[0193] HIV-specific proliferation assays to HIV antigens

[0194] HIV-specific antibody levels (p24 and gp120)

[0195] *Blood was drawn at 2 weeks, then monthly for virology and immunology. Assays other than HIV-RNA were performed at the discretion of the investigators, but no less than every three months. HIV-RNA was performed at each visit.

[0196] Pregnancy test (serum) when applicable

[0197] Virology studies

[0198] Immunology studies

[0199] G. Description of Vaccines:

[0200] ALVAC HIV (vCP1452) is a recombinant canarypox virus expressing the gagLAI, proteaseLAI, env(120)MN, env(41)LAI, nef, and pol genes. VCP1452 is described in U.S. Pat. Nos. 6,004,777 and 5,990,091.

[0201] vCP1452 is modified to include 2 vaccinia virus coding sequences to enhance expression in mammalian cells. The pol and nef sequences are scrambled such that no functional proteins can be expressed., Approximnately 107 TCID50 in 1.0 ml were given with each dose.

[0202] Recombinant gp160MN/LAI-2 is an envelope glycoprotein from HIV-1 virus expressed by vaccinia virus VV.TG.9150 on BHK1 cells. The gp120 portion is derived from HIVMN and the transmembrane gp41 portion from HIVLAI. The adjuvant, PCPP, is a synthetic soluble polymer developed for its adjuvant properties. The vaccine contained 50 μg of recombinant gp160 in 500 μg PCPP (1.0 ml).

[0203] The vaccines being used in this study as well as the adjuvant are novel.

[0204] H. Schedule for vaccination

[0205] 12 subjects meeting inclusion criteria were treated as follows:

[0206] ALVAC-HIV (vCP1452) and recombinant soluble gp160MN/LAI-2 were administered intramuscularly on days 0, 30, 90, 180. For ALVAC HIV (vCP1452), each vaccination dose was 1.0 mli.m. [approximately 107 TCID50]; for gp160 MN/LAI-2, each vaccination dose was 50 μg in 500 μg PCPP (1.0 ml).

[0207] Patients remained in the clinic area for 30 minutes after each and every vaccination. All subjects were contacted by telephone within 72 hours of each vaccination to document any adverse events. These interviews were recorded in the patient's record.

[0208] I. Patient Visits and Procedures Other than Vaccination Schedule (as above)

[0209] On day 0 subjects received:

[0210] Diary to record adverse events to be given to subjects

[0211] First dose of vaccines as outlined in protocol

[0212] On day 2 the following were performed:

[0213] Complete history and physical

[0214] Safety laboratory assessments (described above)

[0215] Urine pregnancy test (when applicable)

[0216] Virologic assessments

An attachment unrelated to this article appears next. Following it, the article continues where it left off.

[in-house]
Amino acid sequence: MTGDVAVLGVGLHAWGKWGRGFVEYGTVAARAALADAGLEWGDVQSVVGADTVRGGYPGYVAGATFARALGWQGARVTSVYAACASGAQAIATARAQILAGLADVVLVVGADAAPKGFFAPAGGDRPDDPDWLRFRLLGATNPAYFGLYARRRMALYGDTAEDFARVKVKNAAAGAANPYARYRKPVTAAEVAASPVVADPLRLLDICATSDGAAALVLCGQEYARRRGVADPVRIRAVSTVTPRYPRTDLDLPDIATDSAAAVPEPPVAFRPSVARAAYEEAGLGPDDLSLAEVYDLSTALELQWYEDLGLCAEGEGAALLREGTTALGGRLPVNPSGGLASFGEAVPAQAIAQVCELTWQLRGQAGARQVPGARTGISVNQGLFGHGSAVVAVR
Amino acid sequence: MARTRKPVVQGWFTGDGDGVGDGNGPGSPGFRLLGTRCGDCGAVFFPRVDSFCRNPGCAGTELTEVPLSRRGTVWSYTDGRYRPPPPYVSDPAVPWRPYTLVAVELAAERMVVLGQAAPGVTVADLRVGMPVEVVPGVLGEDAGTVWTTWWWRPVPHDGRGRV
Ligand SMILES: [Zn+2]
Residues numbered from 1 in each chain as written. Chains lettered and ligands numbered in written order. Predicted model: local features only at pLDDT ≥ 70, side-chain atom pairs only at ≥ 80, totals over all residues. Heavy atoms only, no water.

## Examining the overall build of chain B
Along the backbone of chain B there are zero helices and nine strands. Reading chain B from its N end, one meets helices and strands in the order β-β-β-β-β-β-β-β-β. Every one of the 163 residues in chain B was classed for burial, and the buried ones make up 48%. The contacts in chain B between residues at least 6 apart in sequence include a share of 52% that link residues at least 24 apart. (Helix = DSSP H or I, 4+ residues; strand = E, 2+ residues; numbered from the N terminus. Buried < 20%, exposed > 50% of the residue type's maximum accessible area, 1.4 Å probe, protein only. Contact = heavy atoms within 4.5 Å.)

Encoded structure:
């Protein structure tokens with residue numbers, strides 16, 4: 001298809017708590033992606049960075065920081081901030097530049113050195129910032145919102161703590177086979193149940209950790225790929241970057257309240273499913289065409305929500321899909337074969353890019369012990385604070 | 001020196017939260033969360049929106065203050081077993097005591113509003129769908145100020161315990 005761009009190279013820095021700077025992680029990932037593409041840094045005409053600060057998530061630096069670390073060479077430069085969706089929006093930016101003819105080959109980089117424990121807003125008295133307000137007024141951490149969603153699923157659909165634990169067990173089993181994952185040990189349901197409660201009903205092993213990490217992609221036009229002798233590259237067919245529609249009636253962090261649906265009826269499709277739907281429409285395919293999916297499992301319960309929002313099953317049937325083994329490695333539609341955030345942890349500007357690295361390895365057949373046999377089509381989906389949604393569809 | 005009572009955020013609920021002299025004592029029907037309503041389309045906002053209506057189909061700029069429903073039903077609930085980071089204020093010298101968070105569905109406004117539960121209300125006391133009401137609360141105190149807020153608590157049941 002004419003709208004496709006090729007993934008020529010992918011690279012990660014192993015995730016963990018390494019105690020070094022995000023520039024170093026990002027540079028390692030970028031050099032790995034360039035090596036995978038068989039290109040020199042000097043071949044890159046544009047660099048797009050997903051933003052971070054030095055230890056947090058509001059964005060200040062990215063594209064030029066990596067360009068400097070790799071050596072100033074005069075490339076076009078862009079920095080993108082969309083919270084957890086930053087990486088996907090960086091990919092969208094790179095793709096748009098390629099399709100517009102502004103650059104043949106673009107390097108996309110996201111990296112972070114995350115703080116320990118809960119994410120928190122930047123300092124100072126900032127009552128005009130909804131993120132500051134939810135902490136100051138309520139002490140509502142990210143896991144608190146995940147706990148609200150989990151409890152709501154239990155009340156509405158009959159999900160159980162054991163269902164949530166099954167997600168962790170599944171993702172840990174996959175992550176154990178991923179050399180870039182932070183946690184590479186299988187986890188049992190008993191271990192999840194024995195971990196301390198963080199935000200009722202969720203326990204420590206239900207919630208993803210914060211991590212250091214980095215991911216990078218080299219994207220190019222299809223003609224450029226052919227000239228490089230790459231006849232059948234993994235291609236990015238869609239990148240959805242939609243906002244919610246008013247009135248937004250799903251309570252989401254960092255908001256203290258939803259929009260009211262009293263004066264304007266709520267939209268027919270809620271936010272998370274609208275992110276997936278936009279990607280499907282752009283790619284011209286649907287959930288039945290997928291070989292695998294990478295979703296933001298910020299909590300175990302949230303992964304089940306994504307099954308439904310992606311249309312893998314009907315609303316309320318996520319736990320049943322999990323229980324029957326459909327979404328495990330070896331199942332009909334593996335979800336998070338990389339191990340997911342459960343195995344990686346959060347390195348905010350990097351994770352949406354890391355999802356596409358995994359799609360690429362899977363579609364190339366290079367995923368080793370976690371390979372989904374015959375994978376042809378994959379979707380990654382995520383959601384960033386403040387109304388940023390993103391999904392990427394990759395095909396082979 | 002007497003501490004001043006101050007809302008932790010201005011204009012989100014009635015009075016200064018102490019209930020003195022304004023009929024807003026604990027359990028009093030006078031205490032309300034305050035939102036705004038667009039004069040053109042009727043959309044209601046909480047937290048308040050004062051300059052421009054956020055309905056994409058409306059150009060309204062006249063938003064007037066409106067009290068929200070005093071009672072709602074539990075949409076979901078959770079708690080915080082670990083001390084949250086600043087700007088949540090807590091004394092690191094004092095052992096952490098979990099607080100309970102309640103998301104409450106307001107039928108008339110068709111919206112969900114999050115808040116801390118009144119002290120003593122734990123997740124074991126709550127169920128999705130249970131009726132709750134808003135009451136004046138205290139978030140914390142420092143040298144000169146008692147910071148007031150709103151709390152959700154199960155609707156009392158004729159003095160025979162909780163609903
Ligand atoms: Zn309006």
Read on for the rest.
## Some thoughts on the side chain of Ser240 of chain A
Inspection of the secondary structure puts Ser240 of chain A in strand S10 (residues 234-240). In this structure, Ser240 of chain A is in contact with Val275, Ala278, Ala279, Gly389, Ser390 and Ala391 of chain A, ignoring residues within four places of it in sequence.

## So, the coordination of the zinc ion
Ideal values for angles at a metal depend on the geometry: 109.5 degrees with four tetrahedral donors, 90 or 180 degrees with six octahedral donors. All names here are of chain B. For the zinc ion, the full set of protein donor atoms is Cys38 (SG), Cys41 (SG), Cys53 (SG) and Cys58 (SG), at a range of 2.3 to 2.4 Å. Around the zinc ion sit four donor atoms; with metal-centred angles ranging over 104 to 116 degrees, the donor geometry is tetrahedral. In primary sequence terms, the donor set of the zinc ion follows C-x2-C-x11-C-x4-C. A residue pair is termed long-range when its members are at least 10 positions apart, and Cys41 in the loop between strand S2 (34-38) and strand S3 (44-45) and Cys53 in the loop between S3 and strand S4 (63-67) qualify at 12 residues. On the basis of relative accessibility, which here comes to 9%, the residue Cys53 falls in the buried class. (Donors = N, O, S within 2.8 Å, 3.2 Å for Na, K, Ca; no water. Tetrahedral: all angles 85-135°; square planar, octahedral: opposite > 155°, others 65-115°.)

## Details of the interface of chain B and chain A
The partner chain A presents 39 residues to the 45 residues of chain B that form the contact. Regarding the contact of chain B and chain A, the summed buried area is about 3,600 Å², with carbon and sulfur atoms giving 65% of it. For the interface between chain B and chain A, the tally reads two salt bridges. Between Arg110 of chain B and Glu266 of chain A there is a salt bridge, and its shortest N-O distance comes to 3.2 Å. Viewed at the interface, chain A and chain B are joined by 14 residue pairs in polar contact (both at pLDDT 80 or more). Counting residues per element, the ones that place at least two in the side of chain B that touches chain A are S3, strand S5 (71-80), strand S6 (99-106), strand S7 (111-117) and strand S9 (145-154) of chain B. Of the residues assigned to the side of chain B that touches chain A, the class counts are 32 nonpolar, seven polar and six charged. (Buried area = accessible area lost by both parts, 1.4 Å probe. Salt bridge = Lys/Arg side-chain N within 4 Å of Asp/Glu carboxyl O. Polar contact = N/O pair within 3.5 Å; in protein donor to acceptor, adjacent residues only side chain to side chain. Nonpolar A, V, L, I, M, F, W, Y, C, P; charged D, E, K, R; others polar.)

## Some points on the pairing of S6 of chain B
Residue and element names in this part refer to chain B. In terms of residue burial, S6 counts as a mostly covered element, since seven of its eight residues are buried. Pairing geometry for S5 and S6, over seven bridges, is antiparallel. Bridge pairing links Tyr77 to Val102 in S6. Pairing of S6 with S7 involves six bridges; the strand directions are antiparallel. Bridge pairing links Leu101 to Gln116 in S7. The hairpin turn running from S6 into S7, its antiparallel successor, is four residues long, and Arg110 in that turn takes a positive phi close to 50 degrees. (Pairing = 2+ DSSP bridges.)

[0217] Immunologic assessments

[0218] 3. Clarification

[0219] Screening procedures were performed within 60 days of receiving the vaccines (day 0) in addition to an additional assessment at day -2.

[0220] Week 1

[0221] Interval history and physical

[0222] Review of patient diary

[0223] Safety laboratory assessments (described above)

[0224] Week 2

[0225] Interval history and physical

[0226] Review of patient diary

[0227] Safety laboratory assessments (described above)

[0228] Virologic assessments

[0229] Immunologic assessments

[0230] Months 1-8

[0231] Interval history and physical

[0232] Review of patient diary

[0233] Safety laboratory assessments (described above)

[0234] Urine pregnancy test (when applicable)

[0235] Virologic assessments

[0236] Immunologic assessments

[0237] Post-vaccine* Interval history and physical

[0238] (1 week) Review of patient diary

[0239] Safety laboratory assessments

[0240] Virologic assessments

[0241] *within 7 days of receiving vaccine on day 0, 30, 60, 120

[0242] J. Safety Considerations

[0243] 12 subjects were vaccinated and the safety and immunogenicity assessed as outlined above.

[0244] Many people have been given vaccines similar to the gp160 portion of this study without significant side effects.

[0245] The ALVAC portion given with the gp160 portion together has caused at least one of the following side effects in at least 75% of the subjects: pain and redness at the site of injection, weakness, muscle aches, joint aches, headache, and fever above 38° C. ALVAC is an avian virus (canarypox) that cannot replicate in man and therefore undergoes only one abortive cycle of replication. Over 1800 subjects received an ALVAC construct without significant serious adverse events. Additionally, over 700 subjects received ALVAC/soluble Env vaccine regimens with no severe reactions (unpublished data).

[0246] Participants were vaccinated as outpatients at the clinical site, Rockefeller University Hospital. This General Clinical research Center is staffed with highly skilled and experienced personnel. Emergency medications and equipment, known commonly as a “crash cart” were available for use in the clinic area.

[0247] Participants were monitored closely for 30 minutes post immunization for evidence of adverse events. Participants were given diaries to record any adverse event. These diaries were reviewed at each visit.

[0248] Any Grade 3 or 4 toxicity that could be definitively determined to be related to the vaccine must result in patient discontinuation.

[0249] One death has been recorded in one trial but not deemed related to the vaccine

[0250] K Immunogenicity

[0251] Antibody titers, proliferative responses and CTL activity to HIV specific antigens were measured at baseline and post-vaccination as indicated using standard techniques. Blood was drawn and cells and plasma stored for immunologic and virologic studies on days 0, 15, 30, 60, 90 120, 180, and 210 and the above assays performed. Criteria for response included: a two-fold increase in antibody titer to env and/or gag, a measurable increase in level and/or broadening of detectable fresh CTL activity and/or CTLp, and a three fold increase in proliferation index to HIV specific antigens measured in vitro.